• He wanted to ask the people in front of him to move forward, but he was so soft-spoken that his voice wasn’t heard over the sounds of the crowd.
  • This whole situation has been incredibly upsetting to me, but for the sake of our larger goals, I am ready to move forward.

In the following examples, we'll look at how 'moving forward' can be used in a sentence:

  • Moving forward, I'd like to label all of the boxes using a thick black marker, so it is more visible.
  • Sally had been enjoying delivering the products directly to the customer, but she received a memo from the CEO saying they would be outsourcing deliveries moving forward.
  • We're expecting to see home sale prices ease in their growth rate moving forward.
  • I am frustrated with rising prices too, but moving forward, what are we going to do to bring in more income?

If you are looking for a phrase that indicates moving on from something optimistically, you'll want to learn more about the idiom 'onwards and upwards.'

Similar Phrases

There are a number of related phrases that have similar meanings to ‘move forward.’ Before using these interchangeably, though, you’ll want to take the time to understand the subtle differences in their meanings. Otherwise, you might be communicating a slightly different concept than you intend to.

Here are some roughly synonymous phrases for you to consider if you don’t believe ‘move forward’ is the precisely right idiom for your purpose:

  • Bring forward
  • Move up
  • Promote
  • Advance
  • Progress
  • Go forward
  • Proceed
  • Continue on
  • Continue ahead
  • Forge ahead
  • Gain ground
  • Get ahead
  • Go forth
  • Move on
  • Move onward
  • Make headway
  • Push on
  • Press on

‘Move Forward’: Final Thoughts

‘Move forward’ is a phrase that is very versatile– it can be used to describe the act of advancing or progressing either literally or more abstractly.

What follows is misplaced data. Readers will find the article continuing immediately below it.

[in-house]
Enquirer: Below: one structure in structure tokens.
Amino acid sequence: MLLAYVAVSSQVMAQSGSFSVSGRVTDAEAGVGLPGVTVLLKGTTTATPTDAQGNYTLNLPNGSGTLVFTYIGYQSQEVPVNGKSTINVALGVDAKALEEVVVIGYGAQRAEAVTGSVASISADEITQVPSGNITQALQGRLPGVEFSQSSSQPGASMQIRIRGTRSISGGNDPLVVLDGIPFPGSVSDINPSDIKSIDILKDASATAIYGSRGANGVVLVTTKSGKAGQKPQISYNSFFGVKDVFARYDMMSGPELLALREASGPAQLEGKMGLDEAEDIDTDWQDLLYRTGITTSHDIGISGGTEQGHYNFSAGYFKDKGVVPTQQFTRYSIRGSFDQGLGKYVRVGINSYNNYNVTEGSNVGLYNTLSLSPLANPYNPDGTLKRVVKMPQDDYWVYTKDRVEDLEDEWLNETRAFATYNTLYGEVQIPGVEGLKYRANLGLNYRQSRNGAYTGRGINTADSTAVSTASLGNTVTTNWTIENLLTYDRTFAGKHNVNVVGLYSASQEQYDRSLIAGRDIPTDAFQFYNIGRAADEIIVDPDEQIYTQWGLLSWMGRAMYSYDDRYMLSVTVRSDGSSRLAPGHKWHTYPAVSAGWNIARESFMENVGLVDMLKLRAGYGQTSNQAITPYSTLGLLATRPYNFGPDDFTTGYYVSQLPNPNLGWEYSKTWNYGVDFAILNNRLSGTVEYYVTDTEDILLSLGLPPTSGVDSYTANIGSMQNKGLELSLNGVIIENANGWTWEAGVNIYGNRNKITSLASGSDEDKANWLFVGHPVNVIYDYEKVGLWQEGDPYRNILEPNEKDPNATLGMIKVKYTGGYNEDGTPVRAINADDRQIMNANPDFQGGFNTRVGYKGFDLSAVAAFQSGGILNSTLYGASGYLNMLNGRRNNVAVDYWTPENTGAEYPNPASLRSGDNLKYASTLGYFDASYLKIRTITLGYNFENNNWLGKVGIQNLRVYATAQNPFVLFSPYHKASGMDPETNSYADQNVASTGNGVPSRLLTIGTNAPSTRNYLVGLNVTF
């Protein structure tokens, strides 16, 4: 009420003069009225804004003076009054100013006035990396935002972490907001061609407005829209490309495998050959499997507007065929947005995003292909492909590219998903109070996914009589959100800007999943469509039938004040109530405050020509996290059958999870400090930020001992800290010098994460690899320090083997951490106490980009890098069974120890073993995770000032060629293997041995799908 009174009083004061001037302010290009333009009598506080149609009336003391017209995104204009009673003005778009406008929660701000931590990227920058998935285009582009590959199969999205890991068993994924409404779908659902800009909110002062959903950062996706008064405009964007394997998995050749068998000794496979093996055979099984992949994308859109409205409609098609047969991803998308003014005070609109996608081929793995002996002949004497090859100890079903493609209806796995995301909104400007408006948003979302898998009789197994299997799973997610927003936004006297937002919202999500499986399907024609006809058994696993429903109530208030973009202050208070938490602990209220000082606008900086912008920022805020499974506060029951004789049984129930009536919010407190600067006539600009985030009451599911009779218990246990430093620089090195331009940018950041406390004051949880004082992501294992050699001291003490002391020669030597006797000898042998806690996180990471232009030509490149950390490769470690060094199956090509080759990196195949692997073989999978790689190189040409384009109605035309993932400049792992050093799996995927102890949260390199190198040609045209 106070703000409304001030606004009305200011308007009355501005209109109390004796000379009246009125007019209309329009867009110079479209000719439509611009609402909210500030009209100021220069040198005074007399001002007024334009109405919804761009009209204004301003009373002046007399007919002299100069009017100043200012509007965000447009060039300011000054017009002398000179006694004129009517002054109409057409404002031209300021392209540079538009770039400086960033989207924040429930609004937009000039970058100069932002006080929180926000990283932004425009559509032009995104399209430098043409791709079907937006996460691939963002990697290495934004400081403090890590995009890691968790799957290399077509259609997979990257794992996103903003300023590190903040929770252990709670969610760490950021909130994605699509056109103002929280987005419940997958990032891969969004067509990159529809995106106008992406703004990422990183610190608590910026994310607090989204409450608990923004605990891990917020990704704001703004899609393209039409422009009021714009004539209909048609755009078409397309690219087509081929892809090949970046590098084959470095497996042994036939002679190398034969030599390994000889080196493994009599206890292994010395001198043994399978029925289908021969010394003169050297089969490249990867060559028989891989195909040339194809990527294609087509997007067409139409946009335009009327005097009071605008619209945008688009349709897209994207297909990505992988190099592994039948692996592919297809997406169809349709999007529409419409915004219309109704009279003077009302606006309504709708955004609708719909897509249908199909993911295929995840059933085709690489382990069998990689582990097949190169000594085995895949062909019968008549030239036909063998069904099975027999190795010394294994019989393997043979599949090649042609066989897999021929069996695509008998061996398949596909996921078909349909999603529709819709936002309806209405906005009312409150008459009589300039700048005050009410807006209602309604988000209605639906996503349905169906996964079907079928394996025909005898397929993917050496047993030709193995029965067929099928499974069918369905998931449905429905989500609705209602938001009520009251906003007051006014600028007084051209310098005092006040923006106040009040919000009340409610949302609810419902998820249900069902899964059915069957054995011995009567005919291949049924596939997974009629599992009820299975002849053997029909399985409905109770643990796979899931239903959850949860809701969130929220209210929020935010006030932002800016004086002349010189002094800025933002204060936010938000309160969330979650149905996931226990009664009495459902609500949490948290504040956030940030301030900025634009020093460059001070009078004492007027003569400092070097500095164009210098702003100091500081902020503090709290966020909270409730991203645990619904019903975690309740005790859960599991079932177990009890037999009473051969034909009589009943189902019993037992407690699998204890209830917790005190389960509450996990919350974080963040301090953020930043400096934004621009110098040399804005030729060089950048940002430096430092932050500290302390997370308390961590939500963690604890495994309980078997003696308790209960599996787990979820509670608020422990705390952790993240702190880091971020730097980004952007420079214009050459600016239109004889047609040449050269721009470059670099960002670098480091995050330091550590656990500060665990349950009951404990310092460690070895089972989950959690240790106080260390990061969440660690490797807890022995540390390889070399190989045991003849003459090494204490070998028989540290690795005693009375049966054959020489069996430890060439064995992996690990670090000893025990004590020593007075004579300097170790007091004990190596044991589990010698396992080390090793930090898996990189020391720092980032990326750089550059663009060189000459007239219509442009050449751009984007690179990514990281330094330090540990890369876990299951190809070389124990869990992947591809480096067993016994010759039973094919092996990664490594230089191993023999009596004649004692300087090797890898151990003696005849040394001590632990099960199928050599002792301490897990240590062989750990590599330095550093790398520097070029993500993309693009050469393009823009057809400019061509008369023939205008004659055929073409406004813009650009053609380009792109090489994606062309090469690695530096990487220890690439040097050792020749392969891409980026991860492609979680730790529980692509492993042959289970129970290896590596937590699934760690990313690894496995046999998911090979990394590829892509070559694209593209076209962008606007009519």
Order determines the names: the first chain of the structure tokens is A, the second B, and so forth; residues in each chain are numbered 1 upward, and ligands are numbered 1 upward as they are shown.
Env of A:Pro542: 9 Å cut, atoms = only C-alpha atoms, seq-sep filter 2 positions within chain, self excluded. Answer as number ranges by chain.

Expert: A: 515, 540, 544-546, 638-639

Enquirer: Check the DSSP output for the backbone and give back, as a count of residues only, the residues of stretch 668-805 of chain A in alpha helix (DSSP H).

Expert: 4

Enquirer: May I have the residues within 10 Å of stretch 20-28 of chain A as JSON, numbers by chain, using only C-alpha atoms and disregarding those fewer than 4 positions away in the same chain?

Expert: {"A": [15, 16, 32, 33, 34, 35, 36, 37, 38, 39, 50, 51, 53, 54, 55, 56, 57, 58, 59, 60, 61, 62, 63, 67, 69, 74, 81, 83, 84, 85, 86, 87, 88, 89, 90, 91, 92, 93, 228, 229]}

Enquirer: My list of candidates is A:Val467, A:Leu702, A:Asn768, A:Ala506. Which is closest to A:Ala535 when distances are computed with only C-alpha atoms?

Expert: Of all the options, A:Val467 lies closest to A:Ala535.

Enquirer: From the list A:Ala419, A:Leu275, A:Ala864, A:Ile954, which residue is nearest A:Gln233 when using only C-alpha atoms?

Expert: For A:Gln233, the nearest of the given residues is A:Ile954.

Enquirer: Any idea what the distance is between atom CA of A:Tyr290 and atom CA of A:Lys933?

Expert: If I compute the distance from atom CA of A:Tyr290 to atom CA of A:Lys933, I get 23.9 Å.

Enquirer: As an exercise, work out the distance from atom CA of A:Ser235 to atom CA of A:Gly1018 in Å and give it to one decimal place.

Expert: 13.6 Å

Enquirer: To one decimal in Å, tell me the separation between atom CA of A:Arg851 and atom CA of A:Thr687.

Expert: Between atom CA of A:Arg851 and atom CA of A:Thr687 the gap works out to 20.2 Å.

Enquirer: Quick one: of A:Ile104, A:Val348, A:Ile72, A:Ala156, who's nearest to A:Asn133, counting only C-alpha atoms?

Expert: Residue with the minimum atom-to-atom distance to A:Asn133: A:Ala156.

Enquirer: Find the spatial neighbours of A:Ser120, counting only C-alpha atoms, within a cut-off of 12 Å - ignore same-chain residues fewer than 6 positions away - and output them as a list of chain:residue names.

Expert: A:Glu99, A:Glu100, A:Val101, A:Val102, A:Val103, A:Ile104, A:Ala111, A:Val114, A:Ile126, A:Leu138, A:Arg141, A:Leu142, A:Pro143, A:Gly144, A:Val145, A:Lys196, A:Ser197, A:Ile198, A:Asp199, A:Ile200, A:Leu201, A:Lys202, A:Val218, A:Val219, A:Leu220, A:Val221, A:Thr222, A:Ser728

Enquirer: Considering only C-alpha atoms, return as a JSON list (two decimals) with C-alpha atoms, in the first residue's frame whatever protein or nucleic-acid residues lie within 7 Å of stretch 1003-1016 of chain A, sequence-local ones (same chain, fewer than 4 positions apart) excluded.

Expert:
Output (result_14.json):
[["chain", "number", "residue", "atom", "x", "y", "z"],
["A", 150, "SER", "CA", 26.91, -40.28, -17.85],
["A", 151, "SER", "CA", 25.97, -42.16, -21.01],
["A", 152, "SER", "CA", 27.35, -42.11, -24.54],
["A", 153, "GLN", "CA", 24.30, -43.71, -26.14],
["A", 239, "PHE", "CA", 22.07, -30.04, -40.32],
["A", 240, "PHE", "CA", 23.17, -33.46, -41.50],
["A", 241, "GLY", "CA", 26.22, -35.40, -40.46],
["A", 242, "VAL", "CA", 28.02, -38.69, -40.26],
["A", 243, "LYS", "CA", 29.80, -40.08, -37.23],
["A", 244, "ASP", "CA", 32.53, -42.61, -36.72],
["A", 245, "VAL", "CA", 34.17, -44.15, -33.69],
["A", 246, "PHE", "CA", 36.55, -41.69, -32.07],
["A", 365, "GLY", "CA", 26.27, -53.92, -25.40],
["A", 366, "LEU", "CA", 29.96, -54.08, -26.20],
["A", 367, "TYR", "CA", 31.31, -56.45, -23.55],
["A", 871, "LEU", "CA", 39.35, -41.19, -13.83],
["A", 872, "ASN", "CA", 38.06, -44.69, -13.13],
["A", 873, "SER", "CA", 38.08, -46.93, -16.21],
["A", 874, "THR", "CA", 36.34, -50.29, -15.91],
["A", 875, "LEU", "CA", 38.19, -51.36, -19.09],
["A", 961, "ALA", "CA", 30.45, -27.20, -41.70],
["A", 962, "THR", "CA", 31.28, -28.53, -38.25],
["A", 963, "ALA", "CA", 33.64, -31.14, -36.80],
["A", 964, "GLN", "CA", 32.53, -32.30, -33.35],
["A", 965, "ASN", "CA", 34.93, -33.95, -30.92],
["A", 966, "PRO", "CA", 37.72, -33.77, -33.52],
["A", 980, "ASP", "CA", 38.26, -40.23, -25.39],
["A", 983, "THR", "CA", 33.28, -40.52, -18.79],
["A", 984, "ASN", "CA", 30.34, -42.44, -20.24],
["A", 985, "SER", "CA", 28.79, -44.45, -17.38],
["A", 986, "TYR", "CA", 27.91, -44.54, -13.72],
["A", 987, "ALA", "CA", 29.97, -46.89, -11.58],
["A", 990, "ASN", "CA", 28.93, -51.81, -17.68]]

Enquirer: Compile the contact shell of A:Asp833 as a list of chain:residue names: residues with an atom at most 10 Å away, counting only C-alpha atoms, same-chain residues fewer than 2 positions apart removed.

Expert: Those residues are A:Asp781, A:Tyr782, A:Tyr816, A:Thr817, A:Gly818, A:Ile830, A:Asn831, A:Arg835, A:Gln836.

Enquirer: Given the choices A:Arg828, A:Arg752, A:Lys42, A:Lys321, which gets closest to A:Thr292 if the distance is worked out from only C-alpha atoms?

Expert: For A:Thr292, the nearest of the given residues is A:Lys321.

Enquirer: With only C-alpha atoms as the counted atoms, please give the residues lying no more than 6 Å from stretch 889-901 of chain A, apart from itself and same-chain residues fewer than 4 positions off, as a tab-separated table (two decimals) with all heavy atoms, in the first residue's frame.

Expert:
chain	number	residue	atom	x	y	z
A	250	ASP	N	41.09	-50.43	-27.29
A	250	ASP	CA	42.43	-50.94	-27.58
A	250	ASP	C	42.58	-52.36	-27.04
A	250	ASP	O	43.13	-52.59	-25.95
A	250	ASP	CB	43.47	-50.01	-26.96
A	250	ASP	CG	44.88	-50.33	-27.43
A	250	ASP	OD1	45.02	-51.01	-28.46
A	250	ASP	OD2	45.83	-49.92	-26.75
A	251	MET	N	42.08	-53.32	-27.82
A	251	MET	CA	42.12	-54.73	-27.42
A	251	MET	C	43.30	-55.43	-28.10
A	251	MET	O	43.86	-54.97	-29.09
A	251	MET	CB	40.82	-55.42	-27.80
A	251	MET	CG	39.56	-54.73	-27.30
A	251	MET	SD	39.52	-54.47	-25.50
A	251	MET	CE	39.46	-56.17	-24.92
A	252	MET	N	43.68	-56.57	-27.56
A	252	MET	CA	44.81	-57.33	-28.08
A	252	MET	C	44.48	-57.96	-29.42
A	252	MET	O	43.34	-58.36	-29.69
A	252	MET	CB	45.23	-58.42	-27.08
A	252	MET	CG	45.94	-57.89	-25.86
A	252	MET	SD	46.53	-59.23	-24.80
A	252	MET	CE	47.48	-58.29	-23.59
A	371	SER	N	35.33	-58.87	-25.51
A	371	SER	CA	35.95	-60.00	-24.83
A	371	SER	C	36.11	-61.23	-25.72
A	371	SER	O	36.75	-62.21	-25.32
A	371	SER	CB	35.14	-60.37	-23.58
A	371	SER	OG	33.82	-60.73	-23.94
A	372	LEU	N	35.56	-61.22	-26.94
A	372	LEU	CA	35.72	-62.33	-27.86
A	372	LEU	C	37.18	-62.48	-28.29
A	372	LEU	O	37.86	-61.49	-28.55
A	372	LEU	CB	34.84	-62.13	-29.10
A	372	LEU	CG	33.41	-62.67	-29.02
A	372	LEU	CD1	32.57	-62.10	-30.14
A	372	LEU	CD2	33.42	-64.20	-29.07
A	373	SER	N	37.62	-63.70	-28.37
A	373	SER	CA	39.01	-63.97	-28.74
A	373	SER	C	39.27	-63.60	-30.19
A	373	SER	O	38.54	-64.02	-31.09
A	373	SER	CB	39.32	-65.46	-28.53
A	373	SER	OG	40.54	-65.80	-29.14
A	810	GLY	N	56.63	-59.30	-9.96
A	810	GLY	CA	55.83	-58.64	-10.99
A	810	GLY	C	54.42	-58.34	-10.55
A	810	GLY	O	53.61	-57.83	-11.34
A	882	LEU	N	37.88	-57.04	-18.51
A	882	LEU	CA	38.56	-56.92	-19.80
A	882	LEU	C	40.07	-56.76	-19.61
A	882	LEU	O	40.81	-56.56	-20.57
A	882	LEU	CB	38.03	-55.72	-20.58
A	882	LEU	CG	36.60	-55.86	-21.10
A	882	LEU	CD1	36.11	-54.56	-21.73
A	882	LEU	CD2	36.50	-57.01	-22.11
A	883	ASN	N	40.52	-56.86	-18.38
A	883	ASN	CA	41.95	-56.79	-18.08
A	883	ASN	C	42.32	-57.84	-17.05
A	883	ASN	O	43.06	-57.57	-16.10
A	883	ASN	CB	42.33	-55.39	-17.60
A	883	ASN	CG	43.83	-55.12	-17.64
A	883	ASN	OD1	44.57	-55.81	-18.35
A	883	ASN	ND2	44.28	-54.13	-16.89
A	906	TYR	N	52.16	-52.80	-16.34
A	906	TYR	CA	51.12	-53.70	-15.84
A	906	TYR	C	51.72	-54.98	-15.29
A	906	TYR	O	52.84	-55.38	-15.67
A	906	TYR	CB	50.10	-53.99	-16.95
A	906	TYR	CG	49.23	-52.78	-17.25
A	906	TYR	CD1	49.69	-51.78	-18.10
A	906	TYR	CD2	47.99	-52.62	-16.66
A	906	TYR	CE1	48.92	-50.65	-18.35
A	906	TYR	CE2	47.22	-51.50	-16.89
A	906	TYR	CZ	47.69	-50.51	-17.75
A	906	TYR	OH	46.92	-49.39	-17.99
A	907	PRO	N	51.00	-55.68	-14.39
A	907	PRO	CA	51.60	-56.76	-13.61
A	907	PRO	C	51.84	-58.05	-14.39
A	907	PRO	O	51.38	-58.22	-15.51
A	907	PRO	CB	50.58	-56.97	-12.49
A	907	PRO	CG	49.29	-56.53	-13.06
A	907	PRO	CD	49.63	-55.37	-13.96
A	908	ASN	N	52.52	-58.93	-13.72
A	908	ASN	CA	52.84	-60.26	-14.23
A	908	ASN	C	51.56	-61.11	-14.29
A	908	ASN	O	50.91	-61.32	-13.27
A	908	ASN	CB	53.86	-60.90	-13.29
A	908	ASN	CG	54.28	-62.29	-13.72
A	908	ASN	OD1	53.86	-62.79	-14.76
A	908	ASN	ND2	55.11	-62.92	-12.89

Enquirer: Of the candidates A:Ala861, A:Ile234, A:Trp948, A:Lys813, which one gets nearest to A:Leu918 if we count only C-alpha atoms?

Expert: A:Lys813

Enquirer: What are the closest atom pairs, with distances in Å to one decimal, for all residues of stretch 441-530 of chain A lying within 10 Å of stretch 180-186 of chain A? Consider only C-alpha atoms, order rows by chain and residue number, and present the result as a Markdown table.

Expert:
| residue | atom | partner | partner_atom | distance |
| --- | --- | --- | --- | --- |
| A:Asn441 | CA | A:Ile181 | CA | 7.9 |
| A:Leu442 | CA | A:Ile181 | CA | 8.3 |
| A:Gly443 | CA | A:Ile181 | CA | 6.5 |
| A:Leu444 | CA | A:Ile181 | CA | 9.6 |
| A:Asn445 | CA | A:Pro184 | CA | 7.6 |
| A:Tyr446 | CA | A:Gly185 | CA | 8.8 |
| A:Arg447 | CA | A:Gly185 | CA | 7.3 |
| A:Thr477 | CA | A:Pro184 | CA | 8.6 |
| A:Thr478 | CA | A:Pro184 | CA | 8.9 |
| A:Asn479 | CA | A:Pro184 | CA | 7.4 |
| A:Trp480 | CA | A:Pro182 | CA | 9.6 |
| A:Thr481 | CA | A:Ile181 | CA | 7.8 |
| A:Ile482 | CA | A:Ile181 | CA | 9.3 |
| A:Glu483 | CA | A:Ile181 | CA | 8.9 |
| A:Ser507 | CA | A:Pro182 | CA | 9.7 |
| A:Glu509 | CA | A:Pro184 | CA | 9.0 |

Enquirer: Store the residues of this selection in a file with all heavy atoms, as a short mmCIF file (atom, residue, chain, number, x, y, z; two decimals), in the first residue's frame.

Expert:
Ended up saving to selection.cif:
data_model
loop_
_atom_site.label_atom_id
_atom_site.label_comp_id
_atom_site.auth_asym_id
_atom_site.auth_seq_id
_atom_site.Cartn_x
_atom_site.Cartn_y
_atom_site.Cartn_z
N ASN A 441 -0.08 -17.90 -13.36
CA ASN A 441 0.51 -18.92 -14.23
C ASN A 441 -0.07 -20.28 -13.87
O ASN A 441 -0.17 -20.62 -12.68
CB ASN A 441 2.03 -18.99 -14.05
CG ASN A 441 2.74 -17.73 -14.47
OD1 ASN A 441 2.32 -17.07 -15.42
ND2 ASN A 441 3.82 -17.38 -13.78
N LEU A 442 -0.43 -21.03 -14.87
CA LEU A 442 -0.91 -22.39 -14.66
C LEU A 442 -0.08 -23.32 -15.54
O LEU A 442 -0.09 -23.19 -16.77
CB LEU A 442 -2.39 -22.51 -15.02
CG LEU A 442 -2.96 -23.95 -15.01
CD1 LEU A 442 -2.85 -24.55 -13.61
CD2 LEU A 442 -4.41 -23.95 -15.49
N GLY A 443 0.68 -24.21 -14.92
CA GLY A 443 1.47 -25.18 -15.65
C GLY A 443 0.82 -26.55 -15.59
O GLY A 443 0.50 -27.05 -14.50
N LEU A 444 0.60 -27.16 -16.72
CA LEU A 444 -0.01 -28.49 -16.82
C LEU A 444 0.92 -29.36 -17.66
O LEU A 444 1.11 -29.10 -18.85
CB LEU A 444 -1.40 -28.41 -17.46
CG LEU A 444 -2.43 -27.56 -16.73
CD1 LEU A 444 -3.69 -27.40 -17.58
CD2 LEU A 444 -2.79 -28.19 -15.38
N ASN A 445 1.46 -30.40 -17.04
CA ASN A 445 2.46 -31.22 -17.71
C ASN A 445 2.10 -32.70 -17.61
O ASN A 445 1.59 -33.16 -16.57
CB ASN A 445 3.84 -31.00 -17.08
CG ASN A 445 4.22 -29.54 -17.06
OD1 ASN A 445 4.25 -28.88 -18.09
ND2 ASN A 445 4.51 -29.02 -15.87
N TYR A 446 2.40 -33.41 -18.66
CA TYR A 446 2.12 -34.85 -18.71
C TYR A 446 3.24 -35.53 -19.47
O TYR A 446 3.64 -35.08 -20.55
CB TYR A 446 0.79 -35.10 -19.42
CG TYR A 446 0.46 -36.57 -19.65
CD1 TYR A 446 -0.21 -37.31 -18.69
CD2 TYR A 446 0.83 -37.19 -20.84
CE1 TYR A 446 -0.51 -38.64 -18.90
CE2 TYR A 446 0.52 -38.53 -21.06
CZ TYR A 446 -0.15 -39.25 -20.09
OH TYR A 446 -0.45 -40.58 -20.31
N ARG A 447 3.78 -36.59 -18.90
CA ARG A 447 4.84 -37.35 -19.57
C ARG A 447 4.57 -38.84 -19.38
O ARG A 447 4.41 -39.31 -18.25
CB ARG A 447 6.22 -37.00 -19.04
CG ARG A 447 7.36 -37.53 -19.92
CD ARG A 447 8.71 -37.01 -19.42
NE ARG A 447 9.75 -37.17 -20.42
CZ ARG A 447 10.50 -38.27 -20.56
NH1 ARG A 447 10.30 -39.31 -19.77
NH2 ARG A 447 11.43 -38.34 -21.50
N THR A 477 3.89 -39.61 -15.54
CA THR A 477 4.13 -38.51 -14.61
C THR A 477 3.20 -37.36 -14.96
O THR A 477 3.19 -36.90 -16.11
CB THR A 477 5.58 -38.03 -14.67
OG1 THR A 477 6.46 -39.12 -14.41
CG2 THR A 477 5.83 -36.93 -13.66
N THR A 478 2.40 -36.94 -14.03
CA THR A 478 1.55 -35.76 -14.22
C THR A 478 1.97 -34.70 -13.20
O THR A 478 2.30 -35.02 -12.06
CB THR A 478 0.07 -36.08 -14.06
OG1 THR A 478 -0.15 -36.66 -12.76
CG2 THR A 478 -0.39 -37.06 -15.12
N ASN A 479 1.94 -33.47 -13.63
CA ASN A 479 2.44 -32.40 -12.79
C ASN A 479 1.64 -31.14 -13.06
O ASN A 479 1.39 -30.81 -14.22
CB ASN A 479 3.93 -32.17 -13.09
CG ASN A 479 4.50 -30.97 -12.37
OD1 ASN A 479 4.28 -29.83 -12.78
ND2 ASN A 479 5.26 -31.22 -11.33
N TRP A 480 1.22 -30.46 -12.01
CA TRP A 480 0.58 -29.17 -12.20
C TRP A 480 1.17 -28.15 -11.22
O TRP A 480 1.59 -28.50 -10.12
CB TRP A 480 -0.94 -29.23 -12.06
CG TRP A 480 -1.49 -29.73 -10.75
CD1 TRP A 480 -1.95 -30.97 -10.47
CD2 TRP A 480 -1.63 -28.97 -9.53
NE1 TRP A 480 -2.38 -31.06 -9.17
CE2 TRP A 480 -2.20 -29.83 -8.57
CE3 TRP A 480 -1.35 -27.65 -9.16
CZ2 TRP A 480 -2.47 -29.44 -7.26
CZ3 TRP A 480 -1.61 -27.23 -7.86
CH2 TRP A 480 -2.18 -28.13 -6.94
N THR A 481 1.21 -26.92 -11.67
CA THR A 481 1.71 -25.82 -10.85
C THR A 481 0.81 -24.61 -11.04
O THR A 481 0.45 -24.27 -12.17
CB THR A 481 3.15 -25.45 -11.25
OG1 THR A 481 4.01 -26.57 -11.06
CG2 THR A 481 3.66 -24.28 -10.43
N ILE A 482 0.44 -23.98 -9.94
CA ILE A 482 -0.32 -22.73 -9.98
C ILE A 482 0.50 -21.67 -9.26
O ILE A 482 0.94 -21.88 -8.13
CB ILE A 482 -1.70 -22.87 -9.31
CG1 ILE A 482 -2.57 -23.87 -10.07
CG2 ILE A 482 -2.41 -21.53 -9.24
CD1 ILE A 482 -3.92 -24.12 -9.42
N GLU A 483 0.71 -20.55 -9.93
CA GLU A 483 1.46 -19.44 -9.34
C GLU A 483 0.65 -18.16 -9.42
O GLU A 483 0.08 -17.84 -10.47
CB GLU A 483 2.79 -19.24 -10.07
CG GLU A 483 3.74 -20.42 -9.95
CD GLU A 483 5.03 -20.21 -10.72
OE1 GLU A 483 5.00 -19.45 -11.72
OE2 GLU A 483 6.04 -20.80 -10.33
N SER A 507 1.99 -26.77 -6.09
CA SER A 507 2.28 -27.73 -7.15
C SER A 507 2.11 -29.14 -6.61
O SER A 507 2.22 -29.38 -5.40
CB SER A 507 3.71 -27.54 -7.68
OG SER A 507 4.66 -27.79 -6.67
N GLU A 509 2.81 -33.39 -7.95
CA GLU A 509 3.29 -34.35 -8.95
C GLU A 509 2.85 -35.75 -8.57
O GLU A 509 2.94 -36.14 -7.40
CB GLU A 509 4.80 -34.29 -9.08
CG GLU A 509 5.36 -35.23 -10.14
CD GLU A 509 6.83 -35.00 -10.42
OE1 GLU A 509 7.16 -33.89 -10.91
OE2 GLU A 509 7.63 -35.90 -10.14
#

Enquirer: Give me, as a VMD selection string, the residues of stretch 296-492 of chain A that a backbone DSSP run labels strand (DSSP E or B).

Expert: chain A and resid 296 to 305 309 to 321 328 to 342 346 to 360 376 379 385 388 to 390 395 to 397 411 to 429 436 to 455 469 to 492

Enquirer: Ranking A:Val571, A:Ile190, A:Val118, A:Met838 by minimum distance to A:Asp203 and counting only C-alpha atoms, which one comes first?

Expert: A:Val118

For example, you can physically ‘move forward’ when you’re moving closer to the counter in a checkout line at the grocery store, but you can also ‘move forward’ with your life after you have been embroiled in a lengthy lawsuit that demanded most of your time and energy. On top of that, you can ‘move’ appointments, meetings, or other occurrences ‘forward’ in time by rescheduling them to happen sooner than initially planned.

Understanding the countless idioms and phrases in English can seem like an impossible hill to climb at first, but the task really does become a lot of fun once you get in the swing of things. The more phrases you learn, the more diverse and descriptive your writing and speaking becomes. You’ll find over time that you are better able to precisely convey your intended meaning, which is a truly delightful and thrilling experience!

We encourage you to share this article on Twitter and Facebook. Just click those two links - you'll see why.

It's important to share the news to spread the truth. Most people won't.

Written By:
Sophia Merton
Sophia Merton is one of the lead freelance writers for WritingTips.org. Sophia received her BA from Vassar College. She is passionate about reading, writing, and the written word. Her goal is to help everyone, whether native English speaker or not, learn how to write and speak with perfect English.

Add new comment

Your email address will not be published. Required fields are marked *

WritingTips.org Newsletter
Receive information on
new articles posted, important topics, and tips.
Join Now
We won't send you spam. Unsubscribe at any time.